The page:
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Air-Sea Interactions at Strong and Extreme Wind Speeds

Fecha 2019-12-06, 11:30:00 hrs
Lugar: Auditorio Pedro Ripa - Edificio de Oceanologa
Ponente(s): Alexander V. Babanin
Professor, Ocean Engineering
Department of Infrastructure Engineering
Melbourne School of Engineering
The University of Melbourne

Resumen:  The presentation will outline recent advances in understanding and modelling Metocean conditions at strong winds. These include dynamics of surface waves, Wave Boundary Layer in on the atmospheric side of the interface, and upper ocean mixing. This will lead us to conclusions on the most essential uncertainties and urgently needed measurements at high winds, potentially those capable to improve Metocean forecast in such conditions.

Furthermore, we will discuss two topics of wave-air-sea interactions at extreme wind speeds. The first topic is dedicated to the change of regime for such interactions, by comparison to benign, moderate and even strong winds. As a reference point for the extreme Metocean conditions, the hurricane-scale classification is often used: that is a tropical storm becomes a hurricane if the wind speed reaches U~33m/s (120 km/h). We argue that such classification is not arbitrary, and indeed signifies change of the physics (dynamics and thermodunamics) in all environments near the air-sea interface: in the atmospheric boundary layer, at the surface, and through the upper ocean. This threshold is approximately the wind speed at which the drag coefficient was found to saturate in the field and laboratory observations (U10≈32-33m/s), which saturation has received a lot of attention lately. Less known are the observations that below the surface, change of the upper-ocean mixing mechanism and of bubble dynamics occurs at U10>35m/s. Directly at the surface, wave dynamics also undergoes essential transformations, from wave breaking (dissipation) being driven by evolution of nonlinear waves, to the breaking being forced directly by the winds, at U10≈34m/s. Linked with this, remarkable enhancement of the interface gas-transfer rates occurs at these wind speeds.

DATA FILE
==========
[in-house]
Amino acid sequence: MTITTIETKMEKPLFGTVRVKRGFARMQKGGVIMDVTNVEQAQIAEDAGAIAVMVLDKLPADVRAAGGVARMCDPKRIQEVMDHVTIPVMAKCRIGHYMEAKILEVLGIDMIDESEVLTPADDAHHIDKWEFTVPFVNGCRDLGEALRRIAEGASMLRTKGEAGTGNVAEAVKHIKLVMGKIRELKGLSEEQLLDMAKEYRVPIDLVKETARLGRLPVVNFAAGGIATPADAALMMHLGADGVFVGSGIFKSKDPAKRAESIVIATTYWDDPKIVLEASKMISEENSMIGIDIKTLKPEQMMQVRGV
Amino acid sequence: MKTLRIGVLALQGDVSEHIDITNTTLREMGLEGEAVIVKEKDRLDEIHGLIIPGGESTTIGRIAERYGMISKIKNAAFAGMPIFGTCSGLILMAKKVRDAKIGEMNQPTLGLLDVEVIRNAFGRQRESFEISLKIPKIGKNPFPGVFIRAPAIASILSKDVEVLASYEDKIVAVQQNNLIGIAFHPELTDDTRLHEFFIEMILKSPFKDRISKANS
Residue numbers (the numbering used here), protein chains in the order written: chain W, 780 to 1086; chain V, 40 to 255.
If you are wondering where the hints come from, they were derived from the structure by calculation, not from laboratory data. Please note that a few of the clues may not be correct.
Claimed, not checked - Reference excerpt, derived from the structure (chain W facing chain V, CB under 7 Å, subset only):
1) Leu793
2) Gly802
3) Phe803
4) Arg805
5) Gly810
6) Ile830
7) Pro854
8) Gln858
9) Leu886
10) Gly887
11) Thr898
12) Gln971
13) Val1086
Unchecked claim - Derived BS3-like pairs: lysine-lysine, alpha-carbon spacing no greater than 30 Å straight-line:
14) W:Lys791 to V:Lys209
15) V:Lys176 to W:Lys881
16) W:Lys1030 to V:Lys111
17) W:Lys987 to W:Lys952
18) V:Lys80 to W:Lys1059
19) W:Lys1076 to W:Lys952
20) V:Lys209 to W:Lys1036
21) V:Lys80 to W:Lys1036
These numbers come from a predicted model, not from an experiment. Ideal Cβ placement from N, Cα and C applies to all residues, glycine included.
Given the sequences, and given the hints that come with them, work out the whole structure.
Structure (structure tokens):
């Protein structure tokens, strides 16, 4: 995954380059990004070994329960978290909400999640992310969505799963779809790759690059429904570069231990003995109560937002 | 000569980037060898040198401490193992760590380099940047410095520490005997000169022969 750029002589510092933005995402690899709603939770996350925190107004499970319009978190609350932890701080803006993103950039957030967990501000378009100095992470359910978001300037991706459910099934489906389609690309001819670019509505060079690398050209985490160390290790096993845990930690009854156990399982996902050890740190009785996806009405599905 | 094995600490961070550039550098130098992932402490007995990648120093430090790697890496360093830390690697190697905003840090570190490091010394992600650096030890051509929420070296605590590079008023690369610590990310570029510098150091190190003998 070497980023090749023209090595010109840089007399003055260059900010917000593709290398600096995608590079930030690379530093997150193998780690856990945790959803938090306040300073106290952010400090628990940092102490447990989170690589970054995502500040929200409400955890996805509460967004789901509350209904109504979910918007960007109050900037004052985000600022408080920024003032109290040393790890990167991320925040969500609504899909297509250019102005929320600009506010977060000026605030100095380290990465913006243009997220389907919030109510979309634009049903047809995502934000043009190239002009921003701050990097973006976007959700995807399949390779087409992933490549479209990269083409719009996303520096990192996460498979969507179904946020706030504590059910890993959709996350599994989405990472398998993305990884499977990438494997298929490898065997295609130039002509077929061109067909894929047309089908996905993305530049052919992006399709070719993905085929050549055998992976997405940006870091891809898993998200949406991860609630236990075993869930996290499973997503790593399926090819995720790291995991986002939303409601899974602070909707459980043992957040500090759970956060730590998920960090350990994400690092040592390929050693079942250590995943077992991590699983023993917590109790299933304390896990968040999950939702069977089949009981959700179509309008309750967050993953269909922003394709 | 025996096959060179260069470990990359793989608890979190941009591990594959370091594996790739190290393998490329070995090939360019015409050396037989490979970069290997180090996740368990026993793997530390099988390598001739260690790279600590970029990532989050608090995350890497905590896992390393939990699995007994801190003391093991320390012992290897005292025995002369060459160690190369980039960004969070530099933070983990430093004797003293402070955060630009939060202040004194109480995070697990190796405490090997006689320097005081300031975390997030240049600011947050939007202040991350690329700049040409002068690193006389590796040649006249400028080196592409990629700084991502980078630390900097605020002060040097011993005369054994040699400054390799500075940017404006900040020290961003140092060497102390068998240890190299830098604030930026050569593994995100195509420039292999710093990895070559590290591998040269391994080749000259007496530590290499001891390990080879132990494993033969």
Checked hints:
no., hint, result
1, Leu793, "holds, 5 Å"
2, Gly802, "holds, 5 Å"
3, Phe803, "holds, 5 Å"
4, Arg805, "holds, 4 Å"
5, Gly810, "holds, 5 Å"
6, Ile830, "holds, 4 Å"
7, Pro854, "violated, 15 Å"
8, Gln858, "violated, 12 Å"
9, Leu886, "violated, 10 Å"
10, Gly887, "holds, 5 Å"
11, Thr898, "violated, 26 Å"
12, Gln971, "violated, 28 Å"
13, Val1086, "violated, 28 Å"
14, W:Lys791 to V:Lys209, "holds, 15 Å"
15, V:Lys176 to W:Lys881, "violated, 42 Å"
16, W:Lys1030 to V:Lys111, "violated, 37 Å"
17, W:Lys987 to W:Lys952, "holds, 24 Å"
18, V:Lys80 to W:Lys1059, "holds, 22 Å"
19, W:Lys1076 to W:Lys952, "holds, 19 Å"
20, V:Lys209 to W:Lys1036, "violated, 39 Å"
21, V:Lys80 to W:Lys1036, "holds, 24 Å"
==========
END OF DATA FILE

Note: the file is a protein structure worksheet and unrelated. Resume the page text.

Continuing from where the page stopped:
The second topic will highlight potential differences between air-sea interactions at extreme winds in tropical and powerful extra-tropical cyclones. It is argued that possible reasons for such behaviour may be due to different physics of wave evolution in compact hurricanes and in large storms.

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